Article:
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were then recorded by mapping of the pile locations. The kimberlite muck was piled on top of a sand/clay rich base.

Individual batches were designed to provide representative samples of the different geological units encountered, while keeping individual sample batches similar in size where possible. Geological control of the sampling has enabled these kimberlite units to be individually sampled with very little contamination by other kimberlite types, the results of which provide invaluable diamond content data to model variations in diamond quality and abundance throughout the different phases of the Star Kimberlite.

In accordance with the information obtained from underground mapping, on-site geologists continuously refined the sample separation process. Sample batches thus changed from the optimum planned size, and some of the larger batches were subdivided into smaller batches for processing in the plant. Details of individual sample batches created in the bulk sampling program are given in Eggleston et al. (2008).

The following quality assurance and quality control (“QA/QC”) protocols were conducted and adhered to by Shore and its contractors during the bulk sampling program:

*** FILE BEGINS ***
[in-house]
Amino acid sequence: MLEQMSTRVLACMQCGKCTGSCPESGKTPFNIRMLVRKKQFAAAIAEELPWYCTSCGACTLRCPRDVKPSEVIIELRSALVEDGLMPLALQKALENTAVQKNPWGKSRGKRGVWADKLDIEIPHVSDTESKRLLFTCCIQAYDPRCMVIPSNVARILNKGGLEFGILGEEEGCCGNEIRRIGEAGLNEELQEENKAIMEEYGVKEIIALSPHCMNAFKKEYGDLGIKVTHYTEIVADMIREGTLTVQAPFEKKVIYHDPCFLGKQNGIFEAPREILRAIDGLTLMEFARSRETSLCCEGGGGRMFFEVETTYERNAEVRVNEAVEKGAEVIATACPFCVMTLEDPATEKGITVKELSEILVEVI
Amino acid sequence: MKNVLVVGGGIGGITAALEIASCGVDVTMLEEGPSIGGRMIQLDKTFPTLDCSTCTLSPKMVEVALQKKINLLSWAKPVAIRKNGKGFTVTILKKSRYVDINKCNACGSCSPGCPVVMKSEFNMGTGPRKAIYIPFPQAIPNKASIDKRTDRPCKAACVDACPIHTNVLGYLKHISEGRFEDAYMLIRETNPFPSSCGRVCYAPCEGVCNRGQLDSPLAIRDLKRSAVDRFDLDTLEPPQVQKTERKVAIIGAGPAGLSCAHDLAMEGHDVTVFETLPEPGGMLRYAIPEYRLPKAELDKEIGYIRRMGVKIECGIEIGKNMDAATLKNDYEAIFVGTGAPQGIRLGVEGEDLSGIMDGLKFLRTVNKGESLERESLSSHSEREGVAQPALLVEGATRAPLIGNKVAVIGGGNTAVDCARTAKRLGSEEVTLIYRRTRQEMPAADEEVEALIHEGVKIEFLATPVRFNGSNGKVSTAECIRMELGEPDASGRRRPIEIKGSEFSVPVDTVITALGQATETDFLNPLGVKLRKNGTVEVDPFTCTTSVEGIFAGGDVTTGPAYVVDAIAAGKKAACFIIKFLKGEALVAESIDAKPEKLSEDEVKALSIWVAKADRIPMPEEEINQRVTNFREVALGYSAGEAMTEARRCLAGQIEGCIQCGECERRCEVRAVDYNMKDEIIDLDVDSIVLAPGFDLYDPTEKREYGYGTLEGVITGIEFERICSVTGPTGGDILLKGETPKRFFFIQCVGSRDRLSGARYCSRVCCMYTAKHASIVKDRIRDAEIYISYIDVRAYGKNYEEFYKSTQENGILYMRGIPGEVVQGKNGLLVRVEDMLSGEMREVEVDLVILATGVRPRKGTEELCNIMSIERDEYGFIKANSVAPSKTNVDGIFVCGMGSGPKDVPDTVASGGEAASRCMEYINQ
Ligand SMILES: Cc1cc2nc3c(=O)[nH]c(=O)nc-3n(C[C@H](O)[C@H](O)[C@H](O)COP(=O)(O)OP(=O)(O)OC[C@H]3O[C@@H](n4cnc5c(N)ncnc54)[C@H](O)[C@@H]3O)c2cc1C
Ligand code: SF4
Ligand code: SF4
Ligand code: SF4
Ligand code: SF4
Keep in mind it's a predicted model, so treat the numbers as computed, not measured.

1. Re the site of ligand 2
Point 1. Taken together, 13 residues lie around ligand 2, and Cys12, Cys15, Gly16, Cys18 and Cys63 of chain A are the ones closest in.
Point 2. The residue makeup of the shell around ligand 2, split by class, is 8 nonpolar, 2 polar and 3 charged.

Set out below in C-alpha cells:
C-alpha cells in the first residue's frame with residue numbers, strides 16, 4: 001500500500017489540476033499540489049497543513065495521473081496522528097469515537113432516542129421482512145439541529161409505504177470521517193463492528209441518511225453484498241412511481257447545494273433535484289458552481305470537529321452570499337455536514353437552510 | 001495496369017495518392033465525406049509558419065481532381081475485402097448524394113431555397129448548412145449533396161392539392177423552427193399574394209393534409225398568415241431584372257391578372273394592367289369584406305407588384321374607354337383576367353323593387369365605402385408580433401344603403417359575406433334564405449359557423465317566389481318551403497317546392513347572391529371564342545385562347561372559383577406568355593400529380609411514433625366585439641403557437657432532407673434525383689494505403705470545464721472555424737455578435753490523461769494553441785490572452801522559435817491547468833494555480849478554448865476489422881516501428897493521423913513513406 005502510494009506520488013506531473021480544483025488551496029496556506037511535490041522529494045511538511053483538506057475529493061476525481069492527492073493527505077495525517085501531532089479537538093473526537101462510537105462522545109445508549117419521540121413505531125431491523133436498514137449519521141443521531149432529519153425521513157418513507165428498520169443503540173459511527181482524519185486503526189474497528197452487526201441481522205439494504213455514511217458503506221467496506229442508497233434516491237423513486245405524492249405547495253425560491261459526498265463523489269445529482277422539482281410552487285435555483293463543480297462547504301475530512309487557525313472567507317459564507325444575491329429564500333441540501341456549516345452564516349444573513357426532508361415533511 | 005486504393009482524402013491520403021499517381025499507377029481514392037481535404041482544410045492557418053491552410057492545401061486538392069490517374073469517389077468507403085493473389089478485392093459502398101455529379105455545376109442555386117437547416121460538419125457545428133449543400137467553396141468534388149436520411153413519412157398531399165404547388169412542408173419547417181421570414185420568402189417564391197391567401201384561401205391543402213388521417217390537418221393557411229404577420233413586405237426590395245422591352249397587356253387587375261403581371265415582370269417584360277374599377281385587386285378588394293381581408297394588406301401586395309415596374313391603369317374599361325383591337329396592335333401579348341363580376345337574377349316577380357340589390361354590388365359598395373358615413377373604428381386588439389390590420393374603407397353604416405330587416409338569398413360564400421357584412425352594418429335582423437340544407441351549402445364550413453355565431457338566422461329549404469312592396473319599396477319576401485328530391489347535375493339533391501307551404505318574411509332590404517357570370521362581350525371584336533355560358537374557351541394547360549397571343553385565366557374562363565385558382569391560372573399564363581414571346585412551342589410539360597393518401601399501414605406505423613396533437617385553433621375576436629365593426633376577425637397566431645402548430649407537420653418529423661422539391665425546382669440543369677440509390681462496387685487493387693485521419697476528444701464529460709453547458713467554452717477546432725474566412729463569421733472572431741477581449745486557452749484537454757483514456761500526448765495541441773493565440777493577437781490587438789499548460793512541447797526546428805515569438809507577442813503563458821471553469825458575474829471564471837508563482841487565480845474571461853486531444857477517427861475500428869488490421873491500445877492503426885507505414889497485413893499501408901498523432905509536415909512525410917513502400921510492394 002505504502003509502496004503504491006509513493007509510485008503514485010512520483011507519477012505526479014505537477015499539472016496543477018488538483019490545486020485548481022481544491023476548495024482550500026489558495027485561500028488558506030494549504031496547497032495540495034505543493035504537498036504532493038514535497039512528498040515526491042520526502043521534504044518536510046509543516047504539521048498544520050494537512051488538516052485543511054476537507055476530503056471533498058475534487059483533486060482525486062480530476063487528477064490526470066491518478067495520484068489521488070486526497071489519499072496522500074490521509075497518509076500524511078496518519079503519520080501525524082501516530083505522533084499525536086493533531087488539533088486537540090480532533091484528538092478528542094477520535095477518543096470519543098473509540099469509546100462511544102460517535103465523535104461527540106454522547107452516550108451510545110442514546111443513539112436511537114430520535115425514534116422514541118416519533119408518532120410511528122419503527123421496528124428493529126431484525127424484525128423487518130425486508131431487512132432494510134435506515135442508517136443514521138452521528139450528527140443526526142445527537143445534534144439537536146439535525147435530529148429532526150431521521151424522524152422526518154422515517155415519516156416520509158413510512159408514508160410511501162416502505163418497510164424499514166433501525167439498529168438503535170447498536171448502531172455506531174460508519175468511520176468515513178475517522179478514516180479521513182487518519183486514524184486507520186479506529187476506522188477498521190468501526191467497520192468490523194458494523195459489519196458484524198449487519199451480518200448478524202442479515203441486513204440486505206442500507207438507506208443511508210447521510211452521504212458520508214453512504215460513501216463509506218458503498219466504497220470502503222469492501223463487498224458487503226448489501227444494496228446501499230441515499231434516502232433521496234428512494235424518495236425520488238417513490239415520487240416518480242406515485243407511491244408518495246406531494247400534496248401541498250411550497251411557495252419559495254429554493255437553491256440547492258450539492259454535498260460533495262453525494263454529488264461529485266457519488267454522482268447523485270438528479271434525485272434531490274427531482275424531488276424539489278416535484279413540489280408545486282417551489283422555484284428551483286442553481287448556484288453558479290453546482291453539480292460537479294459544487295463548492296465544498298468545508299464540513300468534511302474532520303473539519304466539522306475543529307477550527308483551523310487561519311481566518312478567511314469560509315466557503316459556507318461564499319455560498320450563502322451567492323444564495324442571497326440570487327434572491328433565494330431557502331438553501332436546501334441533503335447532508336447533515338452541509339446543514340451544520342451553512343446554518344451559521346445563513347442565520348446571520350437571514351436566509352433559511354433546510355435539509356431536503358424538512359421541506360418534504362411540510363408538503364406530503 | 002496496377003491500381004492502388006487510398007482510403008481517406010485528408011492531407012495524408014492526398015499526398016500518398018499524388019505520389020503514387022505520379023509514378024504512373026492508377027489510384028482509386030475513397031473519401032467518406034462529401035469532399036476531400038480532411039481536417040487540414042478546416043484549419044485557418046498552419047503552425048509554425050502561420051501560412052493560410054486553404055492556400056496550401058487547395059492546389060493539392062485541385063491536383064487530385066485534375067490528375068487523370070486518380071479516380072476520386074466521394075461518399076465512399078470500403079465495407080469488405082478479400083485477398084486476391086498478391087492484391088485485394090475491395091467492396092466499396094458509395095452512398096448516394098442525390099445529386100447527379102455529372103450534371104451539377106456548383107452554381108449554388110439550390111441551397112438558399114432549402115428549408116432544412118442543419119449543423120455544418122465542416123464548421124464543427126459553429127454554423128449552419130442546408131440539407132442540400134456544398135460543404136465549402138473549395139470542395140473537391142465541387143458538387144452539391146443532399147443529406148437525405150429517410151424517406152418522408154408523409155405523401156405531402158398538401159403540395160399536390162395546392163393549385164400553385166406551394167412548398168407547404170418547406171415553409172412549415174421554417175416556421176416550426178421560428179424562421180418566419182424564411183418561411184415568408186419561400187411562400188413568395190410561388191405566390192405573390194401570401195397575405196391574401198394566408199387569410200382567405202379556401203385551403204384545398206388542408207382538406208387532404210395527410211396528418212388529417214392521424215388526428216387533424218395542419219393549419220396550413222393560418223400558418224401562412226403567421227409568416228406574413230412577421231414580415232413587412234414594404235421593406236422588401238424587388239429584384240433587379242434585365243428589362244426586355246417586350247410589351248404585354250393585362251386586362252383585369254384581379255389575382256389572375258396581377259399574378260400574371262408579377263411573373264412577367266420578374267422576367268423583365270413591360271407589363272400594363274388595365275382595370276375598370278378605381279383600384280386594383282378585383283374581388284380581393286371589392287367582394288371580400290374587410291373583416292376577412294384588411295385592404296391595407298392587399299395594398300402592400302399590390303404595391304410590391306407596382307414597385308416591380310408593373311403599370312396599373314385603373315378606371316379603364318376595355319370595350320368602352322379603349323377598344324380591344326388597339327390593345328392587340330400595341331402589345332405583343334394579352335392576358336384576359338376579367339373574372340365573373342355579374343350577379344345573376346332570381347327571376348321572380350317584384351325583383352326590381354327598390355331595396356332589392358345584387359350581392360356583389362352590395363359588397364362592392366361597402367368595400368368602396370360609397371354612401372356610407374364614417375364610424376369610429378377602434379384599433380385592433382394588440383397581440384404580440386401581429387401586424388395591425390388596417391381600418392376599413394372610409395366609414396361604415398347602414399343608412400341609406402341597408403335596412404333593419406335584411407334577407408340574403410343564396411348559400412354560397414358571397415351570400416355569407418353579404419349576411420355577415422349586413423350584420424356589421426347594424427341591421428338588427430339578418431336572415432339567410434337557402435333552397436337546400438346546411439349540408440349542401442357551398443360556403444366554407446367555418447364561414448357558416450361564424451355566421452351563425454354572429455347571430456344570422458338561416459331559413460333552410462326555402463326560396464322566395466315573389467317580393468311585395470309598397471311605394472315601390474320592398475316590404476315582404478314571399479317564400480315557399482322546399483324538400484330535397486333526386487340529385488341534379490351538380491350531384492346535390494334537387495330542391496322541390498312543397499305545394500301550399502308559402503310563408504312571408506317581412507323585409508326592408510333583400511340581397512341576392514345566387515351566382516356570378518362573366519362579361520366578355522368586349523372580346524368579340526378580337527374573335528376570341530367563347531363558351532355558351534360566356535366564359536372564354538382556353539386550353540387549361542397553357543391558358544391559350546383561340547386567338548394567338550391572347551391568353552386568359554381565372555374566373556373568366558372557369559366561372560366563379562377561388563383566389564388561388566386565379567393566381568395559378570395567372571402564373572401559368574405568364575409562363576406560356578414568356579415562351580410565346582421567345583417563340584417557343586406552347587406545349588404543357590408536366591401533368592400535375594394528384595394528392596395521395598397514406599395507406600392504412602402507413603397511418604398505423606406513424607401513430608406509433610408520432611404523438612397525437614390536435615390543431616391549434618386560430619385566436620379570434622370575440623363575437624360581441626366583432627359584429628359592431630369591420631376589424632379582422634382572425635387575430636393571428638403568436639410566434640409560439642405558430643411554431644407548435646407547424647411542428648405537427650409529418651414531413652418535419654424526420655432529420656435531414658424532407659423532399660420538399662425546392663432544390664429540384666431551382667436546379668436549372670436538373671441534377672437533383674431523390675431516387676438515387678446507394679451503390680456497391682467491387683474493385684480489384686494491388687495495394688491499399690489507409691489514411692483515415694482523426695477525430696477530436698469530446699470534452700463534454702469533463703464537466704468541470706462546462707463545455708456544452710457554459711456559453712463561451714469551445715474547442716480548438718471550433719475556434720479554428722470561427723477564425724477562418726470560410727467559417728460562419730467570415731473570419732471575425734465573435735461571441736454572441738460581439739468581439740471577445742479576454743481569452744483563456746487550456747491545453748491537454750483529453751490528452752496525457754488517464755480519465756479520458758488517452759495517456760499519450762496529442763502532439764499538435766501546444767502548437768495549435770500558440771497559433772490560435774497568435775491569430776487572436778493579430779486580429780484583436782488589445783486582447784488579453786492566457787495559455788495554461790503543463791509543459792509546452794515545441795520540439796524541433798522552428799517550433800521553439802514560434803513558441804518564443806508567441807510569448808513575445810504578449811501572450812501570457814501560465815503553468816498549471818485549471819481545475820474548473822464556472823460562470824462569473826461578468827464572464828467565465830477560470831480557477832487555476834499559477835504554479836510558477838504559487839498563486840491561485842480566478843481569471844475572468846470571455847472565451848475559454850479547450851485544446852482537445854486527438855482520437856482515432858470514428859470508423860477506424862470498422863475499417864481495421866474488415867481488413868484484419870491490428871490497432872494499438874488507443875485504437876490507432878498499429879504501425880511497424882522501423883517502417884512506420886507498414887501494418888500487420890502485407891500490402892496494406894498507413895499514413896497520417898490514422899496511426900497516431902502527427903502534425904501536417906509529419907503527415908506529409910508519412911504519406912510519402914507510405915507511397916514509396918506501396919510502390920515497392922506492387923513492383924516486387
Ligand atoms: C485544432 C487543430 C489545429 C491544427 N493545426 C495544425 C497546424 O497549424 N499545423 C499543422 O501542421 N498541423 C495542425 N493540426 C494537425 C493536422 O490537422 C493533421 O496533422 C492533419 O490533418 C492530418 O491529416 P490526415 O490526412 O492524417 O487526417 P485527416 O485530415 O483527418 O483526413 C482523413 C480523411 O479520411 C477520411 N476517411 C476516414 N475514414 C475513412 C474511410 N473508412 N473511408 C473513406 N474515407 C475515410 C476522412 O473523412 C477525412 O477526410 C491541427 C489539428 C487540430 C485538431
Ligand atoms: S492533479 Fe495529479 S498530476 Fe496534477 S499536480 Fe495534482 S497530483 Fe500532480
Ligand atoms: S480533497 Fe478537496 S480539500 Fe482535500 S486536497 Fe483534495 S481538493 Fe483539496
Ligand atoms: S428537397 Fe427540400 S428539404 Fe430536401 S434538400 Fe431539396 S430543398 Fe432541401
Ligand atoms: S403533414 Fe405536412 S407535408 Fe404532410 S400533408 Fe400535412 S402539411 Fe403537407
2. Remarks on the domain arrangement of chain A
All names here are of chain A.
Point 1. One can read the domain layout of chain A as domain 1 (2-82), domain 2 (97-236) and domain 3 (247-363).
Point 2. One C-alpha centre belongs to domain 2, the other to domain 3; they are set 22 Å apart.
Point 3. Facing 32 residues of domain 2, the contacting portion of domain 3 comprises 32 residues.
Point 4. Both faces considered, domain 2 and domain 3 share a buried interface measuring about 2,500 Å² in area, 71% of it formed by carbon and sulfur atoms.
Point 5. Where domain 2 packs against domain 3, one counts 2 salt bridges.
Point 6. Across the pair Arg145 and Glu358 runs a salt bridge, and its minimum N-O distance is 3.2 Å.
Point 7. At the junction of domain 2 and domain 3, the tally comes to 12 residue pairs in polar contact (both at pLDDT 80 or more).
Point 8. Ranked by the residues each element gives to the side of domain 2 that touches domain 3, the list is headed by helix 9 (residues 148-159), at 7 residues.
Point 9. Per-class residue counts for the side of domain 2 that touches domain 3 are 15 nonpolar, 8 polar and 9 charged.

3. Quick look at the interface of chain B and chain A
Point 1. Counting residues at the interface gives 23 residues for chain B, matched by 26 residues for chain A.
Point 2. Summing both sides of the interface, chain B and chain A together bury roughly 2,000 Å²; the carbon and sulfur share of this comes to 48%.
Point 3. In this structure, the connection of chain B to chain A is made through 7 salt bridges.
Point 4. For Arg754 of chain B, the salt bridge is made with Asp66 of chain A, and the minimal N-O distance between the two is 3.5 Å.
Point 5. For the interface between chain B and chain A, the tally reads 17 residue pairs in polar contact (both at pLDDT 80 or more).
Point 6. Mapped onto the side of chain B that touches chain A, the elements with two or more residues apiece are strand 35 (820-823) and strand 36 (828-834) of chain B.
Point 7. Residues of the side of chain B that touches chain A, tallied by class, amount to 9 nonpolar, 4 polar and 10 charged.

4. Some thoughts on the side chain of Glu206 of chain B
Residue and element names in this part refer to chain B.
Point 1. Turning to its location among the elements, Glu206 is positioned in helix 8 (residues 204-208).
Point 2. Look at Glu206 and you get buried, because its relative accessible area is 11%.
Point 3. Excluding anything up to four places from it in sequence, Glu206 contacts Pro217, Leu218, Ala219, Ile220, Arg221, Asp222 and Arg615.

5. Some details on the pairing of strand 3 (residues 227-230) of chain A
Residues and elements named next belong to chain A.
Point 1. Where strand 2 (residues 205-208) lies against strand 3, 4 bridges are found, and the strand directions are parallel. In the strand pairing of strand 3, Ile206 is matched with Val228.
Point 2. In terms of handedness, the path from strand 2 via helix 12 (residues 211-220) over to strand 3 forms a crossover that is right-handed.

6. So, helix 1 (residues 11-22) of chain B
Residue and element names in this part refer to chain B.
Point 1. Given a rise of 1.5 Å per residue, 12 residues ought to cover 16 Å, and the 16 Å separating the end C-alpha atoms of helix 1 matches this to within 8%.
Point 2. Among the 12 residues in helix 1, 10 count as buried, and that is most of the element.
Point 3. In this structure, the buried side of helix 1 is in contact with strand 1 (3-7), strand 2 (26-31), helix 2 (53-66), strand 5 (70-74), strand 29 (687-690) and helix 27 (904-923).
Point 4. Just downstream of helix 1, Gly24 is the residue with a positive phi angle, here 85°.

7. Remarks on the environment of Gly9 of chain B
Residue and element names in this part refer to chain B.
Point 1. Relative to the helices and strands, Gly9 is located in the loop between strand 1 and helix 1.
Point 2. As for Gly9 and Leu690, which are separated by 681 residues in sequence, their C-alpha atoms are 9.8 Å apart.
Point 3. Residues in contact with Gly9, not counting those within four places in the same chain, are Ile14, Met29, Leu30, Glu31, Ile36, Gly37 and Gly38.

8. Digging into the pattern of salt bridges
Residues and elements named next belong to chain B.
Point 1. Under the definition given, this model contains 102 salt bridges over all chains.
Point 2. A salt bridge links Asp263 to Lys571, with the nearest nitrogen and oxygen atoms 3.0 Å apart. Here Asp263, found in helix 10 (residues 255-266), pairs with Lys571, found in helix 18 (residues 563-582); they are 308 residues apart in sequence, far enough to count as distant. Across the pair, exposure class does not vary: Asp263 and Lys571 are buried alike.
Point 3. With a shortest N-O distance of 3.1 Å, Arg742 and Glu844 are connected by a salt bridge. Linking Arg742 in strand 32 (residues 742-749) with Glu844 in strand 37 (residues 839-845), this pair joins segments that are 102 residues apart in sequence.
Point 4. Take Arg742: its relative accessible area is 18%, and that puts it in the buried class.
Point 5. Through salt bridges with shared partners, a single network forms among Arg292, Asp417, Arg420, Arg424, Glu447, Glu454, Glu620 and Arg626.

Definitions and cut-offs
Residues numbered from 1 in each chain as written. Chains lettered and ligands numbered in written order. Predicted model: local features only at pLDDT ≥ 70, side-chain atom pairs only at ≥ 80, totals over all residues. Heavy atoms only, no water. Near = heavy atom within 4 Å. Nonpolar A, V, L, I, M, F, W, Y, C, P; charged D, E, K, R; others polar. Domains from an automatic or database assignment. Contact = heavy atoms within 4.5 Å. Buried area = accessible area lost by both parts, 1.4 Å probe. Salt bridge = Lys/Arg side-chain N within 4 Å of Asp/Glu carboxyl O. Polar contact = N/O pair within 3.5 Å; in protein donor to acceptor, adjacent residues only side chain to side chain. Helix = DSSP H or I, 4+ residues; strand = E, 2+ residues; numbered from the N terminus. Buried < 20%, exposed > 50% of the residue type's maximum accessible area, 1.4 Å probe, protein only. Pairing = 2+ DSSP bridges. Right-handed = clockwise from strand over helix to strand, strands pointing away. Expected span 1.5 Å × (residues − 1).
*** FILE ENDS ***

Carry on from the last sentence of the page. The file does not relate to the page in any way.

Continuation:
• Shore geologists verified that all sample material for each sample interval was cleanly mucked out by TMCC;

  • to avoid sample mix-ups, Shore geologists verified that the kimberlite for each batch hoisted to surface was transported to its specified location;

  • all TMCC miners and Shore’s loader operators were given specific instructions not to overload their buckets when transporting kimberlite, to avoid sample spillage; and

  • in order to maintain sample integrity and security of all extracted kimberlite from the underground workings, a Shore security officer was present at all times during the movement of kimberlite muck from the head frame to the storage facility.

P&E (in part through the Howe 2009 audit) found the sampling methods, sample storage, and security to be acceptable and is of the opinion that diamond grade and quality data generated from these samples is adequate for Resource Estimation and mine planning purposes.



Sections 10.3.1 and 10.3.2 detail the LDD sampling methods. As part of its audit processes, Howe reviewed the LDD sampling process during several site visits and found that it was performed in accordance with the written protocols and met, or exceeded, industry standard practices (Coopersmith, 2009). P&E and Howe are of the opinion the quality of the LDD samples is such that diamond grade and quality data generated from these samples is adequate for use in Resource Estimation; however, diamond breakage and loss during sampling require adjustment of the grades.

P&E Mining Consultants Inc. NI 43-101 Technical Report No 159 Shore Gold Inc. - Star Diamond Project Resource Estimate Update

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